New Mexico Posole, the Spicy Holiday Tradition

In Chile Peppers, Chili & Soup, Holiday & Seasonal, Pork by Dave DeWittLeave a Comment

From the article, “A Chile-Blessed Christmas around the World,” a New Mexico favorite.

Posole (Pork and Posole Corn)


This dish is traditionally served during the Christmas season in New Mexico, when a pot simmering at the back of the stove provides a welcoming fare for holiday well-wishers. I can’t remember any holiday party or dinner that I’ve attended that this stew hasn’t been served. At my house this is a staple on Christmas Eve. I always have a pot ready to warm my husband and I up after strolling Old Town and enjoying the luminarias. Similar to, yet different from the “pozole” served in Mexico, this popular dish is served as a soup, a main course, or a vegetable side dish. Posole, the processed corn, is the main ingredient of this dish of the same name. If posole corn is not available, you may substitute hominy–the flavor won’t be quite the same, but it will still be good.

Course: Main Course
Cuisine: New Mexican
Heat Scale: Medium
Servings: 6  


3/4 cup dried posole corn
2 tbsp vegetable oil
1 1/2 pounds lean pork cut in 1 1/2-inch cubes
1 cups finely chopped onions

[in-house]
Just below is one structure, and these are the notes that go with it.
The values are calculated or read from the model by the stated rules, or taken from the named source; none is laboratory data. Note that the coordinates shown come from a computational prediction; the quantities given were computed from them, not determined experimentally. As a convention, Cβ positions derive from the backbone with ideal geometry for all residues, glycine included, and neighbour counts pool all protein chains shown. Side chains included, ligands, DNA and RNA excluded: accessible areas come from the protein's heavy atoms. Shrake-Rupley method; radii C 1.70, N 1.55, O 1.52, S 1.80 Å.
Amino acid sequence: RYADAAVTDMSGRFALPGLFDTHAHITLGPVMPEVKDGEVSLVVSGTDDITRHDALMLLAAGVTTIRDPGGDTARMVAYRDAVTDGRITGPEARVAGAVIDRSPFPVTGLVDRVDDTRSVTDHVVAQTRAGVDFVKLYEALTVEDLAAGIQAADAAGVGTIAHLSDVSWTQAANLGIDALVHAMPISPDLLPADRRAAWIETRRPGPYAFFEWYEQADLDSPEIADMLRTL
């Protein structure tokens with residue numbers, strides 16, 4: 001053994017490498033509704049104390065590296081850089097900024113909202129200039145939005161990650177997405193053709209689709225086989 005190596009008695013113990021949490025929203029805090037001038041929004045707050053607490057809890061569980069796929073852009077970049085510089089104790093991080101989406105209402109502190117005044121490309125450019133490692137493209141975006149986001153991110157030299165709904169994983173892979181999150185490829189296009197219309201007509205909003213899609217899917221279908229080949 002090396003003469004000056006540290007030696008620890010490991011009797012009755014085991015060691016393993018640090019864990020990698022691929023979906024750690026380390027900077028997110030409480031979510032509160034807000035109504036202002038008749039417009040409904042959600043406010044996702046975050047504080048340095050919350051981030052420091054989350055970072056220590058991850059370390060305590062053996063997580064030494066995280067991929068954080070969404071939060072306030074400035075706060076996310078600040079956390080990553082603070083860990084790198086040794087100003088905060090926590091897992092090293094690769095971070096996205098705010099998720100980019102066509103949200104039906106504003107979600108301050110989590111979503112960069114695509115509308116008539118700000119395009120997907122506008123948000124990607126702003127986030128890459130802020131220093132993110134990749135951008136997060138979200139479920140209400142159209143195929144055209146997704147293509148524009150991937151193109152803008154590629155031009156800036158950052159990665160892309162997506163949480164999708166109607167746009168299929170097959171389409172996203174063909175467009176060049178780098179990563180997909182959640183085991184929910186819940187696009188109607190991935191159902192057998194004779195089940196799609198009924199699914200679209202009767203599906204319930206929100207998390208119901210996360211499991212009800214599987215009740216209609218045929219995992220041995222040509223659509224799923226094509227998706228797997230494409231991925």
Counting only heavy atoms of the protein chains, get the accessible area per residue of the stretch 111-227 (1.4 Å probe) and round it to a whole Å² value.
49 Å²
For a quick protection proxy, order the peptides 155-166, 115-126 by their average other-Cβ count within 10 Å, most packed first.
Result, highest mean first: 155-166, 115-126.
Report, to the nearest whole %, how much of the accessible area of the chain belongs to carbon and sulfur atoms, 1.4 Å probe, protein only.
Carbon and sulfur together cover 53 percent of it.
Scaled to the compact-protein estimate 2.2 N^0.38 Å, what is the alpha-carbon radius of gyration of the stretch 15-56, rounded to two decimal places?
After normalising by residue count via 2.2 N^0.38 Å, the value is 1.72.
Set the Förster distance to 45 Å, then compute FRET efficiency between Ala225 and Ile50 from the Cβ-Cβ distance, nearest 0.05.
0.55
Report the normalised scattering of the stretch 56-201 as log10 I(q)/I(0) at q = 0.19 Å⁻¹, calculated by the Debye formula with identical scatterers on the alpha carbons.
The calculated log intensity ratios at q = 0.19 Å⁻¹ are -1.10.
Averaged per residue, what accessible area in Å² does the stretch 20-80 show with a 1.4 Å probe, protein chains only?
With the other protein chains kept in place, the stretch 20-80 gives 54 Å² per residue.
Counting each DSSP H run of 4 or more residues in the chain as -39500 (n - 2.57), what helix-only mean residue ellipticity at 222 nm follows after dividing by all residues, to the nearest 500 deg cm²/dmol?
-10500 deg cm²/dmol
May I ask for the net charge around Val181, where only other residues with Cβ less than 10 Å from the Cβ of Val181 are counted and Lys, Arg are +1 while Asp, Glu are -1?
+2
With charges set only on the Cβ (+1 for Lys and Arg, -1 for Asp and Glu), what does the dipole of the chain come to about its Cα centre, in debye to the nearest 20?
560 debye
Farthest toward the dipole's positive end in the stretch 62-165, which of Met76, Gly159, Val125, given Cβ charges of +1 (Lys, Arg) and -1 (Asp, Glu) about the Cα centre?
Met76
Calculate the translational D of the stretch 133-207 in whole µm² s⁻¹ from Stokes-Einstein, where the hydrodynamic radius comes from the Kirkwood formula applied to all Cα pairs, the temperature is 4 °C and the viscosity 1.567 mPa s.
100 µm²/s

2 cloves garlic chopped
2 cups pork broth
3 tablespoons ground red New Mexican chile
1 teaspoon dried oregano preferably Mexican
Salt to taste
Flour tortillas
Chopped fresh cilantro
Chopped onions
New Mexico red sauce


In a large saucepan or stockpot, cover the posole with water and soak overnight. Bring the water and posole to a boil, reduce the heat, and simmer for 20 to 30 minutes. Add more water if necessary.
Heat a heavy skillet over high heat, add the oil, and when hot, reduce the heat to medium, add the pork, and brown. Remove the pork when it is browned, and add it to the posole. Add the onions to the skillet, and fi needed, additional oil. Add the onions to the skillet, and if needed, additional oil. Saute the onions until they turn a golden brown, 5 to 10 minutes. Add the garlic and cook for an additional minute. Transfer the mixture to the pot with the posole.
Add the broth to the pan, raise the heat, and deglaze the pan, being sure to scape all the bits and pieces from the sides and bottom. Pour the broth into the posole pot.
Add the remaining ingredients to the stockpot, bring to just below boiling, reduce the heat, and simmer for 45 minutes, or until the posole is tender and the meat is starting to fall apart. Add more broth or water if necessary.
Place the chopped onions for the garnish in a sieve and rinse under cold water to remove the sharpness.
Place all the garnishes in small serving bowls, ladle the stew into individual soup bowls, and serve accompanied by warm flour tortillas.

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Publisher | Christened the "Pope of Peppers" by The New York Times, Dave DeWitt is a food historian and one of the foremost authorities in the world on chile peppers, spices, and spicy foods.

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